Vermont State Police Sgt. Matthew Daley and the Charlotte Selectboard exchanged ideas on how to reduce speeding in town during a Dec. 12 meeting.
The discussion was part of the State Police’s biannual report to the board. Daley and Selectboard members also talked about the stream of break-ins around town. Recently, a pair of car break-ins at Mount Philo was investigated by police.
Chairman Lane Morrison asked Daley about the Mount Philo incident. Because state parks are closed for the season and an attendant isn’t at the gate, personal items left in vehicles are easy targets, Daley said. “There will always be break-ins here and there,” he said.
Daley didn’t cite figures on speeding and break-ins in the town during his discussion with the board. He noted, “It’s been a relatively calm year, except for the speeding.”
The problem of speeding in Charlotte has been the topic of discussion at past Selectboard meetings. Residents have told the board at hearings about the problem of cars travelling above the speed limit on local streets. The U.S. 7 construction project has appeared to worsen the problem as motorists seek alternative routes, avoiding delays.
Selectboard member Carrie Spear has been vocal at meetings regarding the problem of speeding in town. She is a proponent of directed police patrols in certain locations during morning and afternoon commutes. Mount Philo, Ferry, and Greenbush roads, and Spear Street are among the spots mentioned during meetings as areas where motorists frequently speed.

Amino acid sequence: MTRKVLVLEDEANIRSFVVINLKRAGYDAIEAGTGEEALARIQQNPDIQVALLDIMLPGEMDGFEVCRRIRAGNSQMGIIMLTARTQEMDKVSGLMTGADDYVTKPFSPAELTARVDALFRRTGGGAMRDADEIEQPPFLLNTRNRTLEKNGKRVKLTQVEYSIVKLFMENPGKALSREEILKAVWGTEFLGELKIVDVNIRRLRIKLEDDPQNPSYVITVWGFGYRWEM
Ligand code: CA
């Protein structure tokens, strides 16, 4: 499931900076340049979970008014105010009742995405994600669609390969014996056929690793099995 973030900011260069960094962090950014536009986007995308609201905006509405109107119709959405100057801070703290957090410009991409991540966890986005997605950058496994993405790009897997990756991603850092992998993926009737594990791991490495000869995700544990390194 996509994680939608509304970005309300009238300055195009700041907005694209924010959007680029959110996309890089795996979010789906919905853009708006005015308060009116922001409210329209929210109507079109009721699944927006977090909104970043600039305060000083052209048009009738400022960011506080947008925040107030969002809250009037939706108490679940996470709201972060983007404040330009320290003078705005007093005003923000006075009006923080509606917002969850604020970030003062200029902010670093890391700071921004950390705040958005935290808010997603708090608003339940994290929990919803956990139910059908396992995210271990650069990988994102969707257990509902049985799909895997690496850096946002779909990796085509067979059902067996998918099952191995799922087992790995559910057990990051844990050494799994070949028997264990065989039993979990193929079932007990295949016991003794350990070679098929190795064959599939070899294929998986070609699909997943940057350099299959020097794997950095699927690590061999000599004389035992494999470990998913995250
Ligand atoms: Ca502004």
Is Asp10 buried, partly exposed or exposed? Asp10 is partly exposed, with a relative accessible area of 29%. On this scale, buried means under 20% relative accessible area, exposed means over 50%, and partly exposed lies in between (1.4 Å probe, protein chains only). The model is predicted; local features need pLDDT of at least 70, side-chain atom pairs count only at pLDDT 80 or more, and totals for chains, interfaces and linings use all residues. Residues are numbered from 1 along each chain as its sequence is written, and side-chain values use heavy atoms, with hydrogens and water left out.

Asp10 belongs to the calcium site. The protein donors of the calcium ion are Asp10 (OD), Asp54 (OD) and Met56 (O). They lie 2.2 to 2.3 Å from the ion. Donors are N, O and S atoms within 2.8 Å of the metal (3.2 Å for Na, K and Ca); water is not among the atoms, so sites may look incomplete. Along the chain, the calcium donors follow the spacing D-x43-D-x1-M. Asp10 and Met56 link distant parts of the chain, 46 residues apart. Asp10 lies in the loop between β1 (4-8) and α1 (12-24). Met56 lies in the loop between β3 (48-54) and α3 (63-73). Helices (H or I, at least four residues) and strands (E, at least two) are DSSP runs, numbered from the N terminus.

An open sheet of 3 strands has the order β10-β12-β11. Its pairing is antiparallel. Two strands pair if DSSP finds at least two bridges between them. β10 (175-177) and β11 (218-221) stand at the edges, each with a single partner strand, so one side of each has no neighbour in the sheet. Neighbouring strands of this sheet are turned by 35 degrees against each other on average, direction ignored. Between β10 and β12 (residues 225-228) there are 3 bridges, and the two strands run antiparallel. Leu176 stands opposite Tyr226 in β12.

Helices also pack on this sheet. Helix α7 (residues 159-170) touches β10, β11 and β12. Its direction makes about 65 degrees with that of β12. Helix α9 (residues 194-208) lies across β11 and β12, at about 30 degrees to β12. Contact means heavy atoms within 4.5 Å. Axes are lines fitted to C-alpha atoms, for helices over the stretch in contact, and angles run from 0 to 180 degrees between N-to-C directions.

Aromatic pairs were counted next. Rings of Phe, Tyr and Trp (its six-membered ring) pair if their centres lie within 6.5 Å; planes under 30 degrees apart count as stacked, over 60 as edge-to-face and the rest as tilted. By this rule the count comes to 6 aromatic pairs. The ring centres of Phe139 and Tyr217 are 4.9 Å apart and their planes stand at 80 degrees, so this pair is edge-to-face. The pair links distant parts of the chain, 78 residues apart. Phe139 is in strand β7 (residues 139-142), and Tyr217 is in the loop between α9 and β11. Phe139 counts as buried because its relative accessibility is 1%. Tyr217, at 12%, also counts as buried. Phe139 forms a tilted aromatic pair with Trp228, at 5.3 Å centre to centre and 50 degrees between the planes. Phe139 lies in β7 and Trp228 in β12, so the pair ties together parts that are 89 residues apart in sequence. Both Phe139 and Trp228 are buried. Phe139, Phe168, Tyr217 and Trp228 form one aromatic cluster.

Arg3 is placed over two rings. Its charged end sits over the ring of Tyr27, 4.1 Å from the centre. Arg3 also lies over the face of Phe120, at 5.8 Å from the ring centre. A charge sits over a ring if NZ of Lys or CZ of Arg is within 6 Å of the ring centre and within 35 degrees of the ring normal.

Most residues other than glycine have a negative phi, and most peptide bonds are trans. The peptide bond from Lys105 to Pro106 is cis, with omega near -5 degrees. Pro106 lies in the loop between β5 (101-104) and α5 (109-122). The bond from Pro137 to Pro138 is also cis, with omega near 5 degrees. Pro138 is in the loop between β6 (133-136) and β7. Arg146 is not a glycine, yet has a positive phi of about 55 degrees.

Daley said troopers who patrol around Greenbush Road are issuing motorists traffic citations for speeding. “People are getting substantial tickets,” said Daley, who works out of the New Haven barracks. “They’re doing 25 over and getting a ticket.”
Daley pointed out that town officials may want to consider adding more traffic signage around Charlotte. Spear pointed out that she noticed during a drive on Mt. Philo Road, a cluster of seven to 10 traffic signs along the roadway. “I thought, ‘Wow, we really need to spread those out,’” she said.
Later in the evening, Selectboard member Jacob Spell asked Daley how speeding and break-ins could be reduced. Spell also wondered if increasing hours for law enforcement could be effective in combating the issues.
Daley pointed out that break-ins come “in spurts. We just need a break on this. We need a license plate…when this happens.”
Because Charlotte has no local police department, it contracts with the Vermont State Police for services.
Daley also said that the rising number of break-ins isn’t confined to Charlotte, noting reports that incidents are occurring between Charlotte and New Haven in Addison County.
During the meeting, the board noted that Town Constable Josh Flore offered to perform traffic- enforcement duties. Flore is a Shelburne Police officer.